In the eighteenth century there were considerable exports of beef, butter, and pork. Cork became the great centre for the salt-provisions industry. Even before the War over 100,000 cows and oxen were slaughtered annually around Cork city. Salting was done by soaking the meat in a solution of rocksalt in seawater, not the most palatable of products resulting. Nobody minded the tastes of soldiers and sailors, and when war came in 1793 few firms in the British Isles could compete with the merchants in Cork on price, quality, and quantity. Not all contracts were placed in Cork, for firms elsewhere, for example in Dundalk, also tendered successfully. Slaughtering was still a seasonal occupation, being concentrated between August and January. From the meat-packing trade developed industries like the production of hides and leather, of wool and woollens, of leather work like horse harness, and the manufacture of fats, greases, tallow, soap, candles, and glue. 

The ending of the War forced many changes on the provisions industry. Few people would eat the highly salted beef and pork, so other forms of curing were introduced and developed. Hams and bacon rather than salt pork were what the public now demanded. Waterford had been pre-eminent in the bacon trade, but it was now joined by Cork and Limerick, and also by Londonderry in the North. 

Two developments also drastically affected the Irish provisions industry. The first was the invention of the sealed tin or can around 1815 which led to the cattle-rearing and meat-packing industries around Chicago and in Argentina. The other was the introduction of the steamship which facilitated the supply of fresh meat 'on the hoof' to the great cities in England. This benefited the farmers, but meant the transfer of the associated industries to the neighbourhood of those cities. 

In a cattle-rearing society milk and milk-products like butter, cheese, buttermilk, whey, and curds, are as important at least as meat. Ireland was traditionally a cattle-rearing country, and the widespread use of the potato did not date until about 1770. 

Milk goes sour very easily, and so, even in subsistence economies, needs some processing to preserve it for some time. Pasteurisation and refrigeration were either unknown or unavailable, and fresh milk was a bulky item of no great commercial value. Fresh milk was therefore only sold locally, and cows were kept within cities for this purpose.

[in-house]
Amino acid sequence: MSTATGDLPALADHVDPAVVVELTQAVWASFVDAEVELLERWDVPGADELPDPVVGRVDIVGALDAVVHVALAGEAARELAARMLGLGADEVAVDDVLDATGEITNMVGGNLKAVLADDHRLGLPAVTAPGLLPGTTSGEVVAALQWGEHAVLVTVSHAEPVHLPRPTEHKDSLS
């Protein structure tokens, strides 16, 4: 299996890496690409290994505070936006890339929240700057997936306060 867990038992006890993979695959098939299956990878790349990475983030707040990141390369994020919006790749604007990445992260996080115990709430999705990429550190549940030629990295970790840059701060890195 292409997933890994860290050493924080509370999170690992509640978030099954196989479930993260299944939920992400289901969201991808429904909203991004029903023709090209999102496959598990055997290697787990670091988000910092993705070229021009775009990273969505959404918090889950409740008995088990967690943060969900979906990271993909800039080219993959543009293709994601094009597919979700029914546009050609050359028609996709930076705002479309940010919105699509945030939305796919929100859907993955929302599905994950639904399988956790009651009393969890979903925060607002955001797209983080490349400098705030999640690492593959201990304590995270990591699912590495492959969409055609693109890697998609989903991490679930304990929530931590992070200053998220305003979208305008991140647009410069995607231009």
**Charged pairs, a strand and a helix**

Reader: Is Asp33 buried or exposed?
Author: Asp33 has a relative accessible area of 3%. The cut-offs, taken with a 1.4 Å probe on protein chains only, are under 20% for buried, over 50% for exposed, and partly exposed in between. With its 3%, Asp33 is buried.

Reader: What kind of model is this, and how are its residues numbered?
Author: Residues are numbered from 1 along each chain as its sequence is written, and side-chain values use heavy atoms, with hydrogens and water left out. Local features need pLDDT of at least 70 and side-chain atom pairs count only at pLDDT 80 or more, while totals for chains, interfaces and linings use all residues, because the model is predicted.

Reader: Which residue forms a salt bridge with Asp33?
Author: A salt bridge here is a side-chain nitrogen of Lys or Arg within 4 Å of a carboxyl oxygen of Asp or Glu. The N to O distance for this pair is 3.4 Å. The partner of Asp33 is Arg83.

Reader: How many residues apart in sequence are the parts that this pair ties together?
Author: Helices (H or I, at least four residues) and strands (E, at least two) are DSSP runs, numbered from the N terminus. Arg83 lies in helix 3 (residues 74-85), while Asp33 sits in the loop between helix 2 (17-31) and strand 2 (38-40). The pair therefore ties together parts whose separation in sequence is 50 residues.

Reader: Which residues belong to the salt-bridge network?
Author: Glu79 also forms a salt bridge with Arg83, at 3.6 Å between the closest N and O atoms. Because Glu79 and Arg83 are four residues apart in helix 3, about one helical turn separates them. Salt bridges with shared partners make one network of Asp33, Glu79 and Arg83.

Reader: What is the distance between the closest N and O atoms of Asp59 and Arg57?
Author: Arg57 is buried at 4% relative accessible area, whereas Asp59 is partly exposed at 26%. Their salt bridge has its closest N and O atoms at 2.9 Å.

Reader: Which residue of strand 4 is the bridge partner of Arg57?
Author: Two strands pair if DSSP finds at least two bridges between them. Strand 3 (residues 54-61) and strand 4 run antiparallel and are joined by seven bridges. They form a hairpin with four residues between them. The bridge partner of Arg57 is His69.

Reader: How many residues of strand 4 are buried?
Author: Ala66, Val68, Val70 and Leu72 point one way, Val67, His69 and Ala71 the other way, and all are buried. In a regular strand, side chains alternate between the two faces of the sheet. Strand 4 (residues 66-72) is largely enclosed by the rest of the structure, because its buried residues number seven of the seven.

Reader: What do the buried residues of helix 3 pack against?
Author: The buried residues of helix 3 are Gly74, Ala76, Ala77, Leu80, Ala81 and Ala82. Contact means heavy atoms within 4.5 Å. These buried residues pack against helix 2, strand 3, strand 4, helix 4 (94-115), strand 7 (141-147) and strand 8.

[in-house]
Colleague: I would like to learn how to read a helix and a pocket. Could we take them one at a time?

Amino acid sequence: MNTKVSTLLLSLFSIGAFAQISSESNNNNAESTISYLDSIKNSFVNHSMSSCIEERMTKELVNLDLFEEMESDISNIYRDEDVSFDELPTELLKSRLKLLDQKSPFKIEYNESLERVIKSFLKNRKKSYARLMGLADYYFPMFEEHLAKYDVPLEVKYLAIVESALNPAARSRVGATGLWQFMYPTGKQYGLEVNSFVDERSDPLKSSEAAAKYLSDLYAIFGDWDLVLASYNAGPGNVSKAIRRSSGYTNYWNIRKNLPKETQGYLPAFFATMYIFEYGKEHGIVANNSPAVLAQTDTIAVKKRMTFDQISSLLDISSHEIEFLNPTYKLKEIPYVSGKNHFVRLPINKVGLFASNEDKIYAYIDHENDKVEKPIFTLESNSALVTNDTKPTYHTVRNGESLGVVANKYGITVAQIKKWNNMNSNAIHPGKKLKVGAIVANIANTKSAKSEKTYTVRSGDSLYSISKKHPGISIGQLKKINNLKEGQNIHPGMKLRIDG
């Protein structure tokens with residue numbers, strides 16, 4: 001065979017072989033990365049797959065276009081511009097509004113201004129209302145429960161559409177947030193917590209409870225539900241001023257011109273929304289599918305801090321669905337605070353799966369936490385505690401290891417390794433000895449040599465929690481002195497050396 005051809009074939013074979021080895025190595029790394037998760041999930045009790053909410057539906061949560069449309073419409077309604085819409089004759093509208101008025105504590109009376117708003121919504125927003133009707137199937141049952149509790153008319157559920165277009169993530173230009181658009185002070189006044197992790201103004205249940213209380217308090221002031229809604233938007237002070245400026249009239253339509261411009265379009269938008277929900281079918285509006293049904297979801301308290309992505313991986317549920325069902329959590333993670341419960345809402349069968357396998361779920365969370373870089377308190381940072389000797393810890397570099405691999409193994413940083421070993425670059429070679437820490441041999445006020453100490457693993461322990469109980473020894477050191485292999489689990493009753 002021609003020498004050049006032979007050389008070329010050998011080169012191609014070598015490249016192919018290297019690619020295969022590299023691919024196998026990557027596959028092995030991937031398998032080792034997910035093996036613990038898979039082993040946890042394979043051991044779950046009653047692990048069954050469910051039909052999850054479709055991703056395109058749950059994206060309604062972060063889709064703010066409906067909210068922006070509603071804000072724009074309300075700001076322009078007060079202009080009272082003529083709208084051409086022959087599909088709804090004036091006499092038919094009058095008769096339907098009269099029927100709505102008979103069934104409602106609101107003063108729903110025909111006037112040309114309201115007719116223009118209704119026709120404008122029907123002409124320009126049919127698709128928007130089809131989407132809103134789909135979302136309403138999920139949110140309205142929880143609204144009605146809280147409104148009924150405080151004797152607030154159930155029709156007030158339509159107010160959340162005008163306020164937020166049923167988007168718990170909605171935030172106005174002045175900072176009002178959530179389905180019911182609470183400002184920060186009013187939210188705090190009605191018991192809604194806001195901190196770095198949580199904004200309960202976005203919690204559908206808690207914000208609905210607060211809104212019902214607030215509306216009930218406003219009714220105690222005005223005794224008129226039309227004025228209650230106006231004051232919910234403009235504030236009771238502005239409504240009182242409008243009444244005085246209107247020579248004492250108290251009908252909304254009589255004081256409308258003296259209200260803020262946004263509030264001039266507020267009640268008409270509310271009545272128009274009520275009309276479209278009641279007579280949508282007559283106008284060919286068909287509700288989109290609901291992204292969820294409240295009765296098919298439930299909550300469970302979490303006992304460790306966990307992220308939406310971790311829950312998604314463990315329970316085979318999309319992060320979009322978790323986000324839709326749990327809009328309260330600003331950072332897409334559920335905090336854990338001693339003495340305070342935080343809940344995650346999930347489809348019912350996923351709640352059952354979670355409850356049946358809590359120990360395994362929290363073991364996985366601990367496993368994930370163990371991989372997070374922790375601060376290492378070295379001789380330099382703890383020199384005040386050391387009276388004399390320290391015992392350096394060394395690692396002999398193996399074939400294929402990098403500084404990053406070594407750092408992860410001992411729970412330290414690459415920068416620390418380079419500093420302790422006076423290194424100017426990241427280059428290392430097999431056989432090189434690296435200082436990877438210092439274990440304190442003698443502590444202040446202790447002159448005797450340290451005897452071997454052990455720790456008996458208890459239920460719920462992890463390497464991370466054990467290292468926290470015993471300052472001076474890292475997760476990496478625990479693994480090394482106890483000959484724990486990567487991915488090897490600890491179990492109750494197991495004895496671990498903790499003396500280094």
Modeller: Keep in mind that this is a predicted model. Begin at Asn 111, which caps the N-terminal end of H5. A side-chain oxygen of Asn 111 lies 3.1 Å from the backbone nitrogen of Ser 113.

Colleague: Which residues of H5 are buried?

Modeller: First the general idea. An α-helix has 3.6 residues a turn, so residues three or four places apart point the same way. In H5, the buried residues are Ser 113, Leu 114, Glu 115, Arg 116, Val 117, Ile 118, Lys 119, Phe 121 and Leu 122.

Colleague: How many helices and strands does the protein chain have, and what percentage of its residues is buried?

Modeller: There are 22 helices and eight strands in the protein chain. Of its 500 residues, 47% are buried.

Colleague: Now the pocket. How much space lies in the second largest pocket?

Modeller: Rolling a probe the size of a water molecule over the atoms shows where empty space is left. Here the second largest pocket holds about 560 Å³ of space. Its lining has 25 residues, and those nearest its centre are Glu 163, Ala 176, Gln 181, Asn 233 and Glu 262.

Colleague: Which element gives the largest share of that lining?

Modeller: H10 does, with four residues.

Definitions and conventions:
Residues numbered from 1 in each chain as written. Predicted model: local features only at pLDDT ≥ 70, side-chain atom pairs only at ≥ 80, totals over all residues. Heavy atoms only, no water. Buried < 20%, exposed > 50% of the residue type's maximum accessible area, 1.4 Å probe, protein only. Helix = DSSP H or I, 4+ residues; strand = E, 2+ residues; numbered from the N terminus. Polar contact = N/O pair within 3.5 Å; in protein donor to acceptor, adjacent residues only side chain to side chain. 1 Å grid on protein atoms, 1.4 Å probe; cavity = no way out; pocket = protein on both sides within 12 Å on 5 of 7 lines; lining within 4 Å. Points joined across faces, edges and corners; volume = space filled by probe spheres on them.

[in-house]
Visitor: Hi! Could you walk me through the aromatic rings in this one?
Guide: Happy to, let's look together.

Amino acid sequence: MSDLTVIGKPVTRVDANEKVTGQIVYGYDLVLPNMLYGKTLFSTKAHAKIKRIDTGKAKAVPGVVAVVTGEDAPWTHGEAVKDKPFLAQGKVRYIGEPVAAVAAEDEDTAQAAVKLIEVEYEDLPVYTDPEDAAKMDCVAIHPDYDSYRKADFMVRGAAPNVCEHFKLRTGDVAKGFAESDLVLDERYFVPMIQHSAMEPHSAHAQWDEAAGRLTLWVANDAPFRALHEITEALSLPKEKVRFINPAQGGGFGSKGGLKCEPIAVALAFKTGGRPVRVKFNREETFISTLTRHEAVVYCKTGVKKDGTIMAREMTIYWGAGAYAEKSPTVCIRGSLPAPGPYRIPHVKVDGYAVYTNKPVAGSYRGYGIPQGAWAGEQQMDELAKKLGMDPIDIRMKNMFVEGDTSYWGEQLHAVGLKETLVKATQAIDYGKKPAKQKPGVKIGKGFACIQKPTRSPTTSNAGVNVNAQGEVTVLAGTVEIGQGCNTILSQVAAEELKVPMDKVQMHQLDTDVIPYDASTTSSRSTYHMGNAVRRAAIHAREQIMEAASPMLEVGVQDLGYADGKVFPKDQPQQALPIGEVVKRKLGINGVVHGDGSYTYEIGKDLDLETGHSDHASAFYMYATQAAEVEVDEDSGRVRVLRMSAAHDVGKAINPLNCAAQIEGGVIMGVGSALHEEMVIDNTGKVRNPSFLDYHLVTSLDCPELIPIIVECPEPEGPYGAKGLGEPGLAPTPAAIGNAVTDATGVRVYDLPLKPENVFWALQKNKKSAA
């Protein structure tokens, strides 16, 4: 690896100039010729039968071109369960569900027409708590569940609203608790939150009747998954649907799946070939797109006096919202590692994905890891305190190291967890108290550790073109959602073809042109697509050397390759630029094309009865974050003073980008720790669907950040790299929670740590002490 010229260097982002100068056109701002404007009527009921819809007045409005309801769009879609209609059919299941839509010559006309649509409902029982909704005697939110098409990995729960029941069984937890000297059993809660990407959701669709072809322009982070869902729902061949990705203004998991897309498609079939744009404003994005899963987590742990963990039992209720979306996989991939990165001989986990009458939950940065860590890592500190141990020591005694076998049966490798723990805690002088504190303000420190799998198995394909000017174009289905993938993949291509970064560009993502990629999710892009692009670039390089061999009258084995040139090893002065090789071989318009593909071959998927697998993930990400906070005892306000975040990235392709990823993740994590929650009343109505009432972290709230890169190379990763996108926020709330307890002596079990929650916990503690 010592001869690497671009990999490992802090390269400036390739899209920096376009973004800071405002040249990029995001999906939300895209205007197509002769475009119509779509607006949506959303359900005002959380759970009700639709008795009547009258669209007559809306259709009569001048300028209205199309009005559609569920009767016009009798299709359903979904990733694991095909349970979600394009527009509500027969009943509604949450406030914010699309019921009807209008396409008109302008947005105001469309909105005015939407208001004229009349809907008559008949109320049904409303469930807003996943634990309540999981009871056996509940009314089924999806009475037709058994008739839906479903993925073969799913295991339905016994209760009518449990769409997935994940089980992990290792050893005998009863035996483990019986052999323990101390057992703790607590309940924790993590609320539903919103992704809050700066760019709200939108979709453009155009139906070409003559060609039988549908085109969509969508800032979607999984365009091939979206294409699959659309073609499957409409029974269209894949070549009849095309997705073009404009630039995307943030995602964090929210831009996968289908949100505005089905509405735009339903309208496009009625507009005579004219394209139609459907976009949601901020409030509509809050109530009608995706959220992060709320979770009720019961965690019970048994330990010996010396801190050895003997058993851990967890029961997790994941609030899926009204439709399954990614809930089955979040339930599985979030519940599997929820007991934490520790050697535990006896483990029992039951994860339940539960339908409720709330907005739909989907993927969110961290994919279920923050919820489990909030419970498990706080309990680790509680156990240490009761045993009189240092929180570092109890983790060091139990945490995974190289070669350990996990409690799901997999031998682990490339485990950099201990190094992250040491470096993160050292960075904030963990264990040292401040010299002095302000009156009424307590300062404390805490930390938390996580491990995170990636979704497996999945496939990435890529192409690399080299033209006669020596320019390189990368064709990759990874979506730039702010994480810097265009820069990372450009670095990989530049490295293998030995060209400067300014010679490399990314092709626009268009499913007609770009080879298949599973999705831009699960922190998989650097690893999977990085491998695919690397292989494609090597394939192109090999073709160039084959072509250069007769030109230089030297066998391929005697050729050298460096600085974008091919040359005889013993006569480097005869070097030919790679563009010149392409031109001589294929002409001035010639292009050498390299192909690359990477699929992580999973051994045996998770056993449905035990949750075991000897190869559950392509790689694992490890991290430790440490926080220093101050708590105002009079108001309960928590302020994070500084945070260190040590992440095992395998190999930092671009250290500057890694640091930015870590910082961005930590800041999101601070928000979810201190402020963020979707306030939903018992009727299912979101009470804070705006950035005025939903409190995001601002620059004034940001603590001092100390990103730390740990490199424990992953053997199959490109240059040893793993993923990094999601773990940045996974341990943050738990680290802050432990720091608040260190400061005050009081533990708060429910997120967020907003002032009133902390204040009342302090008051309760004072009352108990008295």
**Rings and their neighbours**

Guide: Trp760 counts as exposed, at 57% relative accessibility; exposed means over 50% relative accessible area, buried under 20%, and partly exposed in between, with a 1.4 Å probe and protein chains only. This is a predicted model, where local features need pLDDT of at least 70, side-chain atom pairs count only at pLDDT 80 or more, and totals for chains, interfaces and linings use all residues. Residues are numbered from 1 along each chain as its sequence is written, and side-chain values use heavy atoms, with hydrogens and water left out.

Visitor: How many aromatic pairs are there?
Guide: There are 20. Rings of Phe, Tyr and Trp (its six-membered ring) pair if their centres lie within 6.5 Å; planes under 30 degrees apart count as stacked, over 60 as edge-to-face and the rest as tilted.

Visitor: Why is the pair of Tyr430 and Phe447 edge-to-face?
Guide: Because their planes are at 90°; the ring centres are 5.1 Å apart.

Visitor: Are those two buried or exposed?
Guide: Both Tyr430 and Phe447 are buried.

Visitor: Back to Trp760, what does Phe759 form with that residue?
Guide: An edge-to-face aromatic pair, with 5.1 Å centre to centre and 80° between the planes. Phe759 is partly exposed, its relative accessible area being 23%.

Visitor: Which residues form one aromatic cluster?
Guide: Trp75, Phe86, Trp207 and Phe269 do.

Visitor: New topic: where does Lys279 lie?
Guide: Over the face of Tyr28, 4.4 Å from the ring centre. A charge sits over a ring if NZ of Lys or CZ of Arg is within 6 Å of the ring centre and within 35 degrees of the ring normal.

But milk contains 87% water, and 13% solids, and if a large part of the water is removed, products are obtained which keep better or can be preserved, have a higher value, and are more easily transportable. By curdling the milk with rennet, straining off the solids, and squeezing them dry, various kinds of cheeses can be produced. Or, by allowing the creamy part of the milk to rise to the surface, skimming it off, and violently agitating it, butter can be produced. Salting preserves butter. Ireland was not noted for its cheeses, though some was made around Waterford, but butter was made in most places. 

The making of butter was women's work, and it was made at home. It was a seasonal occupation. This meant great variability in quality, as butter easily picks up bad tastes. For export the butter was collected and packed in firkins, small wooden barrels bound with iron hoops. Early in the century Cork was the great centre for the commercial production of butter. Carlow had the reputation of making the best butter and there they used fresh water, not seawater to dissolve the rocksalt. The Irish Government, at the beginning of the nineteenth century, had several Acts passed to regulate and promote the trade. 

As the century advanced tastes in butter changed, and a much more lightly salted 'fresh butter' was developed for the markets. Fresh butter could be collected along with eggs for export by steamship to England. The industrial production of butter with mechanically-driven separators and churns had to await the end of the century and Sir Horace Plunkett's co-operative societies. Butter exports reached a peak about 1850 and then remained on a plateau, as Denmark moved in to capture a major part of the ever-increasing British market. 

Cork was also an important centre for salted herrings, and this was an industry the Government particularly wished to see spreading all around the coast. But by mid-century Scottish curers and salters were in control of the British market for cured fish. Later still railways were built to the fishing ports like Grimsby and Hull allowing direct supply of fresh fish to the cities. [Top]